The true story of the 1914 Christmas truce

Inspired by real events, Silent Night is a dramatic opera that tells the story of the 1914 Christmas truce, when peace spontaneously broke out in the trenches during World War I.

A gruelling battle is being fought between German, French and Scottish soldiers. Each has a cross to bear and a story to tell. On Christmas Eve, 1914, German opera singer Nikolaus Sprink, now a soldier, is ordered to perform behind the front line. Back at the front later that night, upon hearing Scottish soldiers singing, Sprink responds with a rousing song, and midway through a bagpiper begins to accompany him. Nikolaus raises a Christmas tree as a gesture of friendship and the soldiers move slowly, cautiously towards each other.

Feel the incredible power of 100 male operatic voices alongside the acclaimed Orchestra of Opera North against a projected backdrop of original footage. The cinematic Pulitzer Prize-winning score by American composer Kevin Puts, to words by Mark Campbell, is a deeply emotional experience. This UK premiere staged at Leeds Town Hall is part of a series of events in the city marking the centenary of the end of World War I.

#ONSilentNight | #Armistice100


Silent Night, based on the screenplay by Christian Carion for the motion picture Joyeux Noël produced by Nord-Ouest Production
Commissioned by Minnesota Opera|A Minnesota Opera New Works Initiative Production
Music by Kevin Puts|Libretto by Mark Campbell
By arrangement with Aperto Press, publisher|​Bill Holab Music: Sole Agent

Price
From £10 to £47.50
Venue
  • Leeds Town Hall

Composer
Kevin Puts

Librettist
Mark Campbell

Running time
2 hours 30 minutes approx.

Language
Sung in English, French and German with English titles

Supported by
The Liz and Terry Bramall Foundation
The Holbeck Charitable Trust
Opera North Future Fund

Cast

Máire Flavin

Anna Sørensen

Rupert Charlesworth

Nikolaus Sprink

Quirijn de Lang

Lieutenant Audebert

Timothy Nelson

Lieutenant Gordon

Richard Burkhard

Lieutenant Horstmayer

Geoffrey Dolton

Ponchel

Adrian Clarke

Father Palmer

Alex Banfield

Jonathan Dale

Stephen Richardson

The General

Tim Ochala-Greenough

Kronprinz

Christopher Nairne

William Dale

Laura Kelly-McInroy

Madeleine

Dean Robinson

British Major

Creative team

Nicholas Kok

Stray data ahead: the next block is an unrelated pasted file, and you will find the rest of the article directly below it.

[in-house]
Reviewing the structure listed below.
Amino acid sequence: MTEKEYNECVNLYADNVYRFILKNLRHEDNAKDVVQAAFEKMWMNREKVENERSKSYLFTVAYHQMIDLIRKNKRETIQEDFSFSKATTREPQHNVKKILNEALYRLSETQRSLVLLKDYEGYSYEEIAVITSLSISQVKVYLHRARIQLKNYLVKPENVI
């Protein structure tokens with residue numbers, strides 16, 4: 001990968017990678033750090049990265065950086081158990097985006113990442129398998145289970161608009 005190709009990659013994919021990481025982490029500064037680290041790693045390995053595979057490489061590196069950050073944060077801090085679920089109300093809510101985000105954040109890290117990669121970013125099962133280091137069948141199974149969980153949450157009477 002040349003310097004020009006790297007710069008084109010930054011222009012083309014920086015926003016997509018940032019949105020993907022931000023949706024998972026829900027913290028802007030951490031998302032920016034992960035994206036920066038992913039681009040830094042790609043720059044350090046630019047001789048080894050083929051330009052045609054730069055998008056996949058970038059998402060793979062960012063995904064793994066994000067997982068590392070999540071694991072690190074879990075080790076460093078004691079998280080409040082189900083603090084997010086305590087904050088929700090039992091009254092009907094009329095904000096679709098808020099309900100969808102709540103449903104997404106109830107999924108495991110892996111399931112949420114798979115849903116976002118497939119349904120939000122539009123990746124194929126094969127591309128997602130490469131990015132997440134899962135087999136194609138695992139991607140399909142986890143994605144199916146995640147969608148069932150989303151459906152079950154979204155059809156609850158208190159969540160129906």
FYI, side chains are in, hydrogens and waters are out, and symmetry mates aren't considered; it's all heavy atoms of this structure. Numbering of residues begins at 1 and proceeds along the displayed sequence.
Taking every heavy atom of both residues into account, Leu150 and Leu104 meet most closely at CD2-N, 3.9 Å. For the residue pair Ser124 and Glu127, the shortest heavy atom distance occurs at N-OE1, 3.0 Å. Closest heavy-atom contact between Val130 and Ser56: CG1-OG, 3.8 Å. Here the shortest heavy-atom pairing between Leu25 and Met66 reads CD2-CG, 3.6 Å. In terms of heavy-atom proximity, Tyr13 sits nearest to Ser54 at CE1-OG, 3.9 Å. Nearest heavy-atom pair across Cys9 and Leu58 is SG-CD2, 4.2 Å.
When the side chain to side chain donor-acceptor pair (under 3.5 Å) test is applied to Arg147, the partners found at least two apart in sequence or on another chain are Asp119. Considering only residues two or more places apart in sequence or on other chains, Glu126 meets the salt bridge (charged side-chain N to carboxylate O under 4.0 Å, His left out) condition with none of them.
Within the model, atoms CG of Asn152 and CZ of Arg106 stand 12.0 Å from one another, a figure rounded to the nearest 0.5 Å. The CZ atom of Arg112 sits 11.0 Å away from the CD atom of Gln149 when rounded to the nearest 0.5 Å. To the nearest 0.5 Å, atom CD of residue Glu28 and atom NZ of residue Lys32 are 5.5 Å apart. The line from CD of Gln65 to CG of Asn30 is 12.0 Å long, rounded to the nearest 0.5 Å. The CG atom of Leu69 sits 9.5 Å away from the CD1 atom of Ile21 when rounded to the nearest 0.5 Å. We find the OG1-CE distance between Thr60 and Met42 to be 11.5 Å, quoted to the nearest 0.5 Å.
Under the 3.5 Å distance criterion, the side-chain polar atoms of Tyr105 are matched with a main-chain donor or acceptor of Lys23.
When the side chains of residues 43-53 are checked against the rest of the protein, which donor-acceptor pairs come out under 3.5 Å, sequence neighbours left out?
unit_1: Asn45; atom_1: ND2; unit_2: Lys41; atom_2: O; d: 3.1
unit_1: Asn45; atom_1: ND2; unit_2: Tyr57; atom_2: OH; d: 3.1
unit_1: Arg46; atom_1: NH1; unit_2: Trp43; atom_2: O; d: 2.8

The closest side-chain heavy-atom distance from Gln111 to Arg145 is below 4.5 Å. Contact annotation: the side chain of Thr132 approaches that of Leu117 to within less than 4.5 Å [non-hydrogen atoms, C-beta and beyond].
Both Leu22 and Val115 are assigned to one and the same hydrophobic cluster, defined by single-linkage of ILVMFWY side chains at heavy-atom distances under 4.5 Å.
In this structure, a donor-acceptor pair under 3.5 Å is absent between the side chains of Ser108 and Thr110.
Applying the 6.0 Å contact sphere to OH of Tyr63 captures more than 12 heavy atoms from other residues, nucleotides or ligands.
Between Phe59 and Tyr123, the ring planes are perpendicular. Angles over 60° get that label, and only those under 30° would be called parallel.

Conductor

Tim Albery

Director

Hannah Clark

Set and costume designer

Thomas C. Hase

Lighting designer

Story

It is late summer, 1914 and the great powers of Europe, divided into two coalitions, have declared war on each other.

In Berlin, the declaration of war interrupts two opera singers; Anna Sørensen and Nikolaus Sprink, as they perform on stage. In Scotland, William Dale convinces his younger brother Jonathan to enlist. In Paris, Madeleine Audebert, pregnant with her first child, argues with her husband as he prepares to depart for the war.

It is two days until Christmas. On the battlefields of Belgium, the conflict rages. William Dale is shot down in no-man’s land and his brother Jonathan is forced to abandon him. In the German bunker, Nikolaus receives an order to sing at the nearby chalet of the Kronprinz on Christmas eve.

The next day, upon returning, Nikolaus hears the Scottish soldiers singing from across the battlefield and responds with a rousing Christmas song. The Scottish join in and emboldened by this, Nikolaus stands atop the bunker with a Christmas tree held up as a gesture of friendship. The lieutenants of each side cautiously meet in the middle of the battlefield and agree to a truce for the rest of Christmas eve. Jonathan buries his brother and vows revenge.

News of the cease-fire reaches the commanding officers of the French, German and Scottish troops, who all decide to punish their insubordinate soldiers.

Lieutenant Audebert learns that his wife has given birth to a son and vows to survive the war as he is relocated to Verdun. Nikolaus and Anna decide to flee together and bravely cross the no-man’s land to demand asylum in France, whilst the remaining soldiers are each reassigned to other battlefields as punishment for the truce.

As the German soldiers depart the battlefield, they hum the Scottish ballad they heard in the bunker on Christmas Eve.

Silent Night
Silent Night
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